“It creates an uncertainty because you don’t know how much water you’re going to have to cut back and who’s going to be affected by it.

“Those are the things we have to worry about and we have to really look at.”

Click to play video: 'Southern Alberta food producers trying to avoid water shortages amid drought'
Southern Alberta food producers trying to avoid water shortages amid drought

Dave Bishop is Region 1 director of Alberta Grains. He also farms in the Barons area of southern Alberta. While he’s hopeful the snowpack will increase in order to fill up reservoirs, he’s worried about a potentially devastating year.

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“We haven’t had much snow and that’s what we rely on for irrigation is our snowpack that comes out of the hills. It’s not good right now,” Bishop said.

Not knowing how much water they’re going to have will affect cropping plans, and how much farmers are going to be able to put down.

“We will not be putting all of our fertilizer down like we usually do, just in case we don’t have water because we wouldn’t be able to utilize it, we would just be wasting our money.”

Irrigation, which is relied on heavily in dry southern Alberta, may also be affected.

“If we’re not able to irrigate, we take a huge financial hit and risk on our production, on our farm, our livelihood,” Bishop explained. “It’s what allows us to farm. It’s our guaranteed crop most years.”

He said water shortages could have a huge ripple effect on the economy.

“It could be really devastating for southern Alberta because value-added in the ag side is a huge dollar figure. It employs thousands of people and if we don’t have water, our crops won’t be able to go to the processors, the processors may not have water to process it,” he said.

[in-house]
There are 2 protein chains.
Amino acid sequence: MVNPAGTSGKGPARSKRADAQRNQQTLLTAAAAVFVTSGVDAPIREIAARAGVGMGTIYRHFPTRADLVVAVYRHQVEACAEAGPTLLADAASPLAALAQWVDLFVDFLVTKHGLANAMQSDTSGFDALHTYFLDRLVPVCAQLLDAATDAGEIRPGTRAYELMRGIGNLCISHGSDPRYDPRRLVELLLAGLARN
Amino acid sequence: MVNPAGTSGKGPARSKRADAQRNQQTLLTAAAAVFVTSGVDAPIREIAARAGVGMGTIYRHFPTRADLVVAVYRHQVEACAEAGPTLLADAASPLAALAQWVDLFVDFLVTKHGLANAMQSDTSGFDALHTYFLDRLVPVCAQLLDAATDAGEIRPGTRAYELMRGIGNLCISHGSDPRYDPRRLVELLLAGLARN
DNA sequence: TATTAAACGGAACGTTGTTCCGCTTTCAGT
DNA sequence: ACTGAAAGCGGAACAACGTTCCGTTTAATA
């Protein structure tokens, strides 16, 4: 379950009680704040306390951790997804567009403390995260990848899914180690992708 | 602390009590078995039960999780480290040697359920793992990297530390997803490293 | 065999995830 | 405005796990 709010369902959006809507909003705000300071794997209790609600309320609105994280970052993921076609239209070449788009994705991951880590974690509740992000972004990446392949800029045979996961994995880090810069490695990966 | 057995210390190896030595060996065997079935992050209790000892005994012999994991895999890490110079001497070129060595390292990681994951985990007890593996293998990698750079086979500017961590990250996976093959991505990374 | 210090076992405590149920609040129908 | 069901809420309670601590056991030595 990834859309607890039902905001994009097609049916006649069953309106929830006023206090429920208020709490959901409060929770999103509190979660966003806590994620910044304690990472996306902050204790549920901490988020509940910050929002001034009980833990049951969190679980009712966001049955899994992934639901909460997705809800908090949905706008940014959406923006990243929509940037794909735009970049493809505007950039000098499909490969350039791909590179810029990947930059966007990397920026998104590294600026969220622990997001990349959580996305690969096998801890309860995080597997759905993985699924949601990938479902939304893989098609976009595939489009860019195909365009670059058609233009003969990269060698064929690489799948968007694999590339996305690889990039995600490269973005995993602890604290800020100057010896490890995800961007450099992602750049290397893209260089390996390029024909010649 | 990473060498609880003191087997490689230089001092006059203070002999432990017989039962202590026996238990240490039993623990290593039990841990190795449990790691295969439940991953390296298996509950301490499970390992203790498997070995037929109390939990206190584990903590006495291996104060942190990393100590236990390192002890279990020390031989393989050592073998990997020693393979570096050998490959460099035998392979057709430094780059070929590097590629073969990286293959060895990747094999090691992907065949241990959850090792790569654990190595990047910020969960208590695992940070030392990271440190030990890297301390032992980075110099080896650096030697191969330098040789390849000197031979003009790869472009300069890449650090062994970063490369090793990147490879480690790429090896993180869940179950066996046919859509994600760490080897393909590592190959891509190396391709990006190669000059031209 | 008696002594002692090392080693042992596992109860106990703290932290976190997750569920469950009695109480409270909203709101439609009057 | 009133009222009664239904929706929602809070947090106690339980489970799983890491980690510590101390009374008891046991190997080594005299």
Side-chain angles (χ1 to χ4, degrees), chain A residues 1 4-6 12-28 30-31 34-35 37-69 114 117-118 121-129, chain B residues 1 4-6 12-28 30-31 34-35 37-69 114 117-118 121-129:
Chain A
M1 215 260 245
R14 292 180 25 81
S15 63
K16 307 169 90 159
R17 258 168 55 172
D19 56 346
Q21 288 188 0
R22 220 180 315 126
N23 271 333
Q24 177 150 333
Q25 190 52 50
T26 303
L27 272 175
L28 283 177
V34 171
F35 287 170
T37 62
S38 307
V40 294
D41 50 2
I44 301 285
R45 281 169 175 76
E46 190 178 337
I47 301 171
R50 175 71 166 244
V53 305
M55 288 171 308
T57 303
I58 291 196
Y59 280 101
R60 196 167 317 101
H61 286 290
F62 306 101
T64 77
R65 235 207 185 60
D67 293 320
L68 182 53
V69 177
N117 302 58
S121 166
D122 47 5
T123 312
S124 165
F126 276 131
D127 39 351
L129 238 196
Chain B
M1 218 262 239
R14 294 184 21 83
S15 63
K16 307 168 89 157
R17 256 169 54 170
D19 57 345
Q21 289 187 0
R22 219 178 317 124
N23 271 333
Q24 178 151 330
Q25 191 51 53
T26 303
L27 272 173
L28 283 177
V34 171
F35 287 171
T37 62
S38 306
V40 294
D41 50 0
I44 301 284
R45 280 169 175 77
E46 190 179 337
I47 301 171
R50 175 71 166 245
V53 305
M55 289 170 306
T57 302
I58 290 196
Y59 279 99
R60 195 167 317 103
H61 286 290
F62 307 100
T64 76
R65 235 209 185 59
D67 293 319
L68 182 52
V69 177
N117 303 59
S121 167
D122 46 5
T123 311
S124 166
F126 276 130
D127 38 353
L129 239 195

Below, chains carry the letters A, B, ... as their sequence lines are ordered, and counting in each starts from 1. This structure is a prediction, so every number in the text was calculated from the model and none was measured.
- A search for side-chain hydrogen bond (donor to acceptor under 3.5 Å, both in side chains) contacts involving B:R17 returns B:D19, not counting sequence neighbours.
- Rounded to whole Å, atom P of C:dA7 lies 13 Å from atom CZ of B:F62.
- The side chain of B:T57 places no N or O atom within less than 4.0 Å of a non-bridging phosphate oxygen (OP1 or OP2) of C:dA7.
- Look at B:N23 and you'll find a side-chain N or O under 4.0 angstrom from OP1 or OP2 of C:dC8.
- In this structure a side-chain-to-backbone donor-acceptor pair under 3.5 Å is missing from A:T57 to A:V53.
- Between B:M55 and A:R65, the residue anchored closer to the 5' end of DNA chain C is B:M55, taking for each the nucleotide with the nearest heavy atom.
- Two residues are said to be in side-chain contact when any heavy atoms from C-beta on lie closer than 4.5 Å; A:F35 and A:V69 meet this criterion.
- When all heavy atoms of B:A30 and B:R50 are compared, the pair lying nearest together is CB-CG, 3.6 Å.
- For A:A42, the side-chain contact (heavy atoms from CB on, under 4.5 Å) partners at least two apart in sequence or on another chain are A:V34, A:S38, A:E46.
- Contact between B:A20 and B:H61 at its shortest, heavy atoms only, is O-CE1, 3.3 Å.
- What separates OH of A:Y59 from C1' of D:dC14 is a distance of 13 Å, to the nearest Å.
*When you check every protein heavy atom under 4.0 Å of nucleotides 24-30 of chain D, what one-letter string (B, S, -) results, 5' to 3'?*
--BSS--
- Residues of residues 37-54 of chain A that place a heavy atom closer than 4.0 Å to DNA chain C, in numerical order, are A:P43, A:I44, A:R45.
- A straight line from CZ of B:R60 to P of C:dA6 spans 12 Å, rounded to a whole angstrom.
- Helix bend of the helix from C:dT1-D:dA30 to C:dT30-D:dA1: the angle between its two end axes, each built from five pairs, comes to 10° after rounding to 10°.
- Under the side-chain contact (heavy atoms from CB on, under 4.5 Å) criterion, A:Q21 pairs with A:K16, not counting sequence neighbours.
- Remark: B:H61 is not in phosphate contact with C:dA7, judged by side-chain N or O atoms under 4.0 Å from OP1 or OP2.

“It could be pretty devastating… it’s stressful.

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This is the first time such negotiations have taken place since 2001, according to the province.

In a letter to water licence holders, Schulz asked them to voluntarily take less water in order to ensure there is water available for as many users as possible.

“Drought is something our farmers and ranchers have experienced before,” said Minister of Agriculture and Irrigation RJ Sigurdson.

“Based on that experience, our irrigators and agricultural producers have done an amazing job to manage their operations during tough times. I also want to be clear, that Alberta producers are leaders in water conservation, environmental stewardship, and I am proud of the work they do. As always, Alberta’s government is doing everything we can to help producers impacted by drought, and our producers have always stepped up to work together to build solutions that are in the interest of the entire province.”

The province said in the past, individuals and groups have worked together to share available water to help manage water shortages. There are currently 51 water shortage advisories in place in Alberta.

The province hopes the voluntary water-sharing agreements will be completed before March 31.